More than a thousand children in at least 10 states have been sickened by a rare and serious respiratory illness that has sent many to hospitals seeking treatment, health officials and local doctors say.
Children's Hospital Colorado in Denver has treated more than 900 children with the illness since Aug. 18, and admitted 86 to the hospital, officials told the Denver Post.
"We've been seeing a very high volume in our ER, ICU and among hospitalized patients. The hospital is very, very full," Dr. Christine Nyquist, a pediatric infectious disease physician, told the Post. "Kids are getting [the virus] and having asthma complications."
At nearby Rocky Mountain Hospital for Children, the facility has treated five children in the intensive care unit and 20 others in pediatric rooms.
"This is the worst I've seen in my time here at Rocky Mountain Hospital for Children," Dr. Meyeppan told KUSA-TV. "We're going to have a pretty busy winter at this institution and throughout the hospitals of Denver."
The illness, which has yet to be officially identified, begins with cold-like symptoms then quickly becomes severe, with many experiencing fever, coughing, body and muscle aches, and wheezing. Doctors said they weren't sure how the virus is spread.
At least 10 states across the U.S. have contacted the Centers for Disease Control and Prevention to investigate the illnesses, including Missouri, Kansas, Illinois, Kentucky, Iowa, Colorado, Ohio, Oklahoma, North Carolina, and Georgia, Mark Pallansch, director of the Division of Viral Diseases at the CDC, told ABC News.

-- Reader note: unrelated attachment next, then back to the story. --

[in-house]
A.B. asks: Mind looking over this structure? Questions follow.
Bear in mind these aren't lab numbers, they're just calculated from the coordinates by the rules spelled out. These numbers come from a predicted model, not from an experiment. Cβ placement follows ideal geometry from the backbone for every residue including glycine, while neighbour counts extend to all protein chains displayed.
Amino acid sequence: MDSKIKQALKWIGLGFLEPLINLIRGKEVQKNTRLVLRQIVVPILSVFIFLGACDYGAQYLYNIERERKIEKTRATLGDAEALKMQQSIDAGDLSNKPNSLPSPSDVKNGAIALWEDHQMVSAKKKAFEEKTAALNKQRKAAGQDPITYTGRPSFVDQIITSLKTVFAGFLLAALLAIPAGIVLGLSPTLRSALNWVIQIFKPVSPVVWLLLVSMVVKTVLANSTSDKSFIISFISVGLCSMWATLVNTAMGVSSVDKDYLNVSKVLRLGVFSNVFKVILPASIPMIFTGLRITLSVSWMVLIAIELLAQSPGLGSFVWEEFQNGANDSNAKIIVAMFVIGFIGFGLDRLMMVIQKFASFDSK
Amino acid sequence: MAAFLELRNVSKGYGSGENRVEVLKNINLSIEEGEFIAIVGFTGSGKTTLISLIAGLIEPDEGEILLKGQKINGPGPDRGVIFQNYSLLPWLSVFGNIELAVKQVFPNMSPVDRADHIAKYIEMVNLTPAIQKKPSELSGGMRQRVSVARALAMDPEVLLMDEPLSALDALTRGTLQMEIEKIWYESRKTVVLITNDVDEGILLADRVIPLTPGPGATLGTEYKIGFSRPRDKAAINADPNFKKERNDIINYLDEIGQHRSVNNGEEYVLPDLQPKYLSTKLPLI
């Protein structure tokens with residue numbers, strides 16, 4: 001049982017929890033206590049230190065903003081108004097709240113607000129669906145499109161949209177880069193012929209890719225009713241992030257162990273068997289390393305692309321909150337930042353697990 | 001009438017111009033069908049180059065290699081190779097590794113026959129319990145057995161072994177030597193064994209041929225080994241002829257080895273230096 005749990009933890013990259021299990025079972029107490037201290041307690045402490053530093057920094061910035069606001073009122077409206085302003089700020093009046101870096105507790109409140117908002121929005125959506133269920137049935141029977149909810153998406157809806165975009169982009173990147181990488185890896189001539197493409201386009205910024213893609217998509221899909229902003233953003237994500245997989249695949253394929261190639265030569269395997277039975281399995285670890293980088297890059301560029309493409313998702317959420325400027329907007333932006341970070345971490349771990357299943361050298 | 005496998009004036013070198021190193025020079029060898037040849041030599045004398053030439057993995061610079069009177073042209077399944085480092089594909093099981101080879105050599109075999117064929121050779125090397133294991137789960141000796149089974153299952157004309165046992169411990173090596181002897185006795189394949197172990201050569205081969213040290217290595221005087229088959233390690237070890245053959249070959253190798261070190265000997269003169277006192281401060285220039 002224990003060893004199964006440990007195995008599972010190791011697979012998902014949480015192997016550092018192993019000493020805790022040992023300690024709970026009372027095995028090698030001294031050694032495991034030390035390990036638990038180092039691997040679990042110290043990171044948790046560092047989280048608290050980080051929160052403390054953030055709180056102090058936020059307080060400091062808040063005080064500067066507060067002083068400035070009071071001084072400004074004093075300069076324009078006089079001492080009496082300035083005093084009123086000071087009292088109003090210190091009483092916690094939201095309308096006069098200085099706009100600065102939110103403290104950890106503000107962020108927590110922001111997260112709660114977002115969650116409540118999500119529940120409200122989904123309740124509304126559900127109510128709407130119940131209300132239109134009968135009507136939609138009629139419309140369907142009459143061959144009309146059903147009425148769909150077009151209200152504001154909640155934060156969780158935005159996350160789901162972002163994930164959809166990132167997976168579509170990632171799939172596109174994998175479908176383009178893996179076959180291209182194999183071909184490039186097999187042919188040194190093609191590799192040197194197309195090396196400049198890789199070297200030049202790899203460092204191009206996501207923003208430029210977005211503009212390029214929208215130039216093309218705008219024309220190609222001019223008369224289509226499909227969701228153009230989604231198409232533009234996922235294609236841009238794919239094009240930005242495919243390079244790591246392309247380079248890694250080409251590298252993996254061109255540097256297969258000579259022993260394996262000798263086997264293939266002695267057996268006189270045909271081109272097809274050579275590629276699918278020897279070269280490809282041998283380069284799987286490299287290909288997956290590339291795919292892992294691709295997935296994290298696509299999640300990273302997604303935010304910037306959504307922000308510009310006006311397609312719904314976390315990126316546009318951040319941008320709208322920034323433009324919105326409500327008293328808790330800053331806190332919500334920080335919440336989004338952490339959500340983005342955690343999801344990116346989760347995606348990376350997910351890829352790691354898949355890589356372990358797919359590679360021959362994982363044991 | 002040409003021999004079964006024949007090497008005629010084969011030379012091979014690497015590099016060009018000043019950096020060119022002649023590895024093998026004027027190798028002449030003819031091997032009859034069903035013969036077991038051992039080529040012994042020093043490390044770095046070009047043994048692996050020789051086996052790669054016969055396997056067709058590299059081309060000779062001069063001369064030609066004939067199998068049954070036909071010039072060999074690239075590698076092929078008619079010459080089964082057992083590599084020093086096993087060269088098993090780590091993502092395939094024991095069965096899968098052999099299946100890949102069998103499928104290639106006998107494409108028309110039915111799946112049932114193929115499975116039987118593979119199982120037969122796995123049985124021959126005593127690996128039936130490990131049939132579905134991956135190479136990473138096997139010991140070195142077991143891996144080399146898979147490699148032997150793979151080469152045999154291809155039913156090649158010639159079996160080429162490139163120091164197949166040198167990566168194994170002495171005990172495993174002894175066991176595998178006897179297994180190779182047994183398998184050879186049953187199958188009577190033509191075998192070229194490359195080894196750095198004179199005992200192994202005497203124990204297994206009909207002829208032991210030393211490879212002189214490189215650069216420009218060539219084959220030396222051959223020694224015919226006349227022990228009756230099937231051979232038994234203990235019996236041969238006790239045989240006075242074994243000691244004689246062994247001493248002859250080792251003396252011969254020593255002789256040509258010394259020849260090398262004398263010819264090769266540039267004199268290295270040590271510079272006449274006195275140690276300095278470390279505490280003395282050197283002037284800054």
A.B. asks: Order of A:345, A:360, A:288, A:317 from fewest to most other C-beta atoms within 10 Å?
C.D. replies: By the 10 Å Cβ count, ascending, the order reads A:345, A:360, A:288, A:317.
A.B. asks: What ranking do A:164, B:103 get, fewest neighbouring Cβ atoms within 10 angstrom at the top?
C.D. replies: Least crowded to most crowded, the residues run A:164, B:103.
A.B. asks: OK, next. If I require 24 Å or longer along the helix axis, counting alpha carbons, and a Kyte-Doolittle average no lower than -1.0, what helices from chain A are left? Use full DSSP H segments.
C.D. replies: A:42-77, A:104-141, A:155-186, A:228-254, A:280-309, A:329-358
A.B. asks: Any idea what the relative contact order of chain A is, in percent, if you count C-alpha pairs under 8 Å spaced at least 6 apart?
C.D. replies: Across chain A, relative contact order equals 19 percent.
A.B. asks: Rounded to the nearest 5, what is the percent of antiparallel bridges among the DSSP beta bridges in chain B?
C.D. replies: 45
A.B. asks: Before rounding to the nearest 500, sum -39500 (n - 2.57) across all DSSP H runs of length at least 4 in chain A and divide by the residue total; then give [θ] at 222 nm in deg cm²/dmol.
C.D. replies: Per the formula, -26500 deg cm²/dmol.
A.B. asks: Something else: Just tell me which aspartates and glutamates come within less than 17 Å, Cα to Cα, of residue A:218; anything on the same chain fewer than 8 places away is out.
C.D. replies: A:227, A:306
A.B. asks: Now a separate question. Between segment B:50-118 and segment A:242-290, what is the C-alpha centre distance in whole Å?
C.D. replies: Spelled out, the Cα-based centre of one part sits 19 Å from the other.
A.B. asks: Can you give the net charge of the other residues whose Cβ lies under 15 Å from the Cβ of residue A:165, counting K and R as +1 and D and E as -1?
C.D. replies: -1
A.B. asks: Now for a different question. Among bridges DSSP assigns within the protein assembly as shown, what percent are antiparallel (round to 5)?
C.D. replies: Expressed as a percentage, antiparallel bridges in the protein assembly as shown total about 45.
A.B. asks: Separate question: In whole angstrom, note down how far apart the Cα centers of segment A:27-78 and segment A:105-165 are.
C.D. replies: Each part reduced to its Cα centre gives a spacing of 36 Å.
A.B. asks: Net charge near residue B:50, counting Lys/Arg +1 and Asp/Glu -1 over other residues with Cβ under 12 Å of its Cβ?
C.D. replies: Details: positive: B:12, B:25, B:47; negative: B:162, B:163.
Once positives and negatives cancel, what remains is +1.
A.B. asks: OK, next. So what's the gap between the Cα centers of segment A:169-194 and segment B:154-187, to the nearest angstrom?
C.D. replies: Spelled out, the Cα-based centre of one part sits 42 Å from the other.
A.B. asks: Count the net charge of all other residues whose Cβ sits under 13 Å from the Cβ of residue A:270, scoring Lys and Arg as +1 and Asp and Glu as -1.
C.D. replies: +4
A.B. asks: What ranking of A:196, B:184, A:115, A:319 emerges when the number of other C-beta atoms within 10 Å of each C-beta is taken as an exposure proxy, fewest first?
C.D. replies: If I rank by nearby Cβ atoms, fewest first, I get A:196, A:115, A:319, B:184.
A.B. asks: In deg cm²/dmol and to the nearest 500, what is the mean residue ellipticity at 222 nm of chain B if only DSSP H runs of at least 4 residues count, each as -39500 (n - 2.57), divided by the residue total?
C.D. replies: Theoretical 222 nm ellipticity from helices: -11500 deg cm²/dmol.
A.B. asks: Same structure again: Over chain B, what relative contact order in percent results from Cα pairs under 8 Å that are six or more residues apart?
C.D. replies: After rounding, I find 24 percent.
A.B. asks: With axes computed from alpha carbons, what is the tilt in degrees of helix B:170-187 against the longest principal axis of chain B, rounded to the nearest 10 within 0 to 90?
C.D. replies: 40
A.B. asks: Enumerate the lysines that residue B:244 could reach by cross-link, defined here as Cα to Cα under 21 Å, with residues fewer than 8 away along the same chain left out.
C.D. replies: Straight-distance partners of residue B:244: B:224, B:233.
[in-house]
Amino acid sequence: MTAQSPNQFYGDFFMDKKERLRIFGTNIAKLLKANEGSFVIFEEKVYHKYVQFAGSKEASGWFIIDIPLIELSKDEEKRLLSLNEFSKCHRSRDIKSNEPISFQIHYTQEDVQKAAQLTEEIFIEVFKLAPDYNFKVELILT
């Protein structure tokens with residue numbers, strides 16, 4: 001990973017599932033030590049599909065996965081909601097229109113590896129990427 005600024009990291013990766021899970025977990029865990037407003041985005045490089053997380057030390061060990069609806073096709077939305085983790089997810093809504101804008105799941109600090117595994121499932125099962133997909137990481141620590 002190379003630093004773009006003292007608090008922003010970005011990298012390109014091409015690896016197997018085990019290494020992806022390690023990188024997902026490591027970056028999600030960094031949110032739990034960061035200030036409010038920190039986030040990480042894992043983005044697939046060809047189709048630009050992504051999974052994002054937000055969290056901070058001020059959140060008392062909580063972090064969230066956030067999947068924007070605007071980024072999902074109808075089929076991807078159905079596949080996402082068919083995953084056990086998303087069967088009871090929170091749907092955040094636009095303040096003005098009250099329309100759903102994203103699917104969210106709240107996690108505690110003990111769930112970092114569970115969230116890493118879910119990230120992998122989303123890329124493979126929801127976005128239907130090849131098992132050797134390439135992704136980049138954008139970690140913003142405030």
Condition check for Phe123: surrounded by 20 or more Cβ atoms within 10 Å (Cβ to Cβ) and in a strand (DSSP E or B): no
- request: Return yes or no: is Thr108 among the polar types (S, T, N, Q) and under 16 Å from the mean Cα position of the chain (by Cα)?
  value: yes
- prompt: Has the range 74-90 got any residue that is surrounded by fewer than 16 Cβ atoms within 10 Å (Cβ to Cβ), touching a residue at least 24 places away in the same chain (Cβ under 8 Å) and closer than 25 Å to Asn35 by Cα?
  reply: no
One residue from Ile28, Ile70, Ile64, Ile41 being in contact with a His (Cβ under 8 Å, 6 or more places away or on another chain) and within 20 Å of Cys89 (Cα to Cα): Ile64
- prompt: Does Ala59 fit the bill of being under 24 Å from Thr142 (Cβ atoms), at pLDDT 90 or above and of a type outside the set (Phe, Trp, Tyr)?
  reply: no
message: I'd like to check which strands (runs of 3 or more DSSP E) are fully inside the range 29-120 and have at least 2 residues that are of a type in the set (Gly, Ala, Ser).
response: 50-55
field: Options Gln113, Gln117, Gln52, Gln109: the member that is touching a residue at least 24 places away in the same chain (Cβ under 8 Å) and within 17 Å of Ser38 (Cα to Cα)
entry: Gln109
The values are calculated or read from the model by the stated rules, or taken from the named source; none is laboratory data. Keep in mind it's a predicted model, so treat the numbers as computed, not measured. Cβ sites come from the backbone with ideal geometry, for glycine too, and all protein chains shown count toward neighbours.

In Missouri, about 450 children have been treated at Kansas City's Children's Mercy Hospital, with about 60 admitted to the intensive care unit, spokesman Jake Jacobson told CNN.
"It's worse in terms of scope of critically ill children who require intensive care. I would call it unprecedented," Dr. Mary Anne Jackson said. "I've practiced for 30 years in pediatrics, and I've never seen anything quite like this."
The hospital has also banned children under age 12 from visiting inpatients "due to the extremely high numbers of respiratory viruses."
Dr. Robert Merrick, an epidemiologist at Blessing Hospital in Quincy, Illinois, said the illness resembles the respiratory Enterovirus 68, or HEV68, a cousin to the Rhinovirus. The hospital treated 70 children with the illness over Labor Day weekend alone, the hospital said in a statement.
In an interview Sunday, the CDC's Pallansch said the alarming spike in children suffering from the mysterious illness could be "just the tip of the iceberg in terms of severe cases."
"We're in the middle of looking into this," Pallansch told CNN. "We don't have all the answers yet."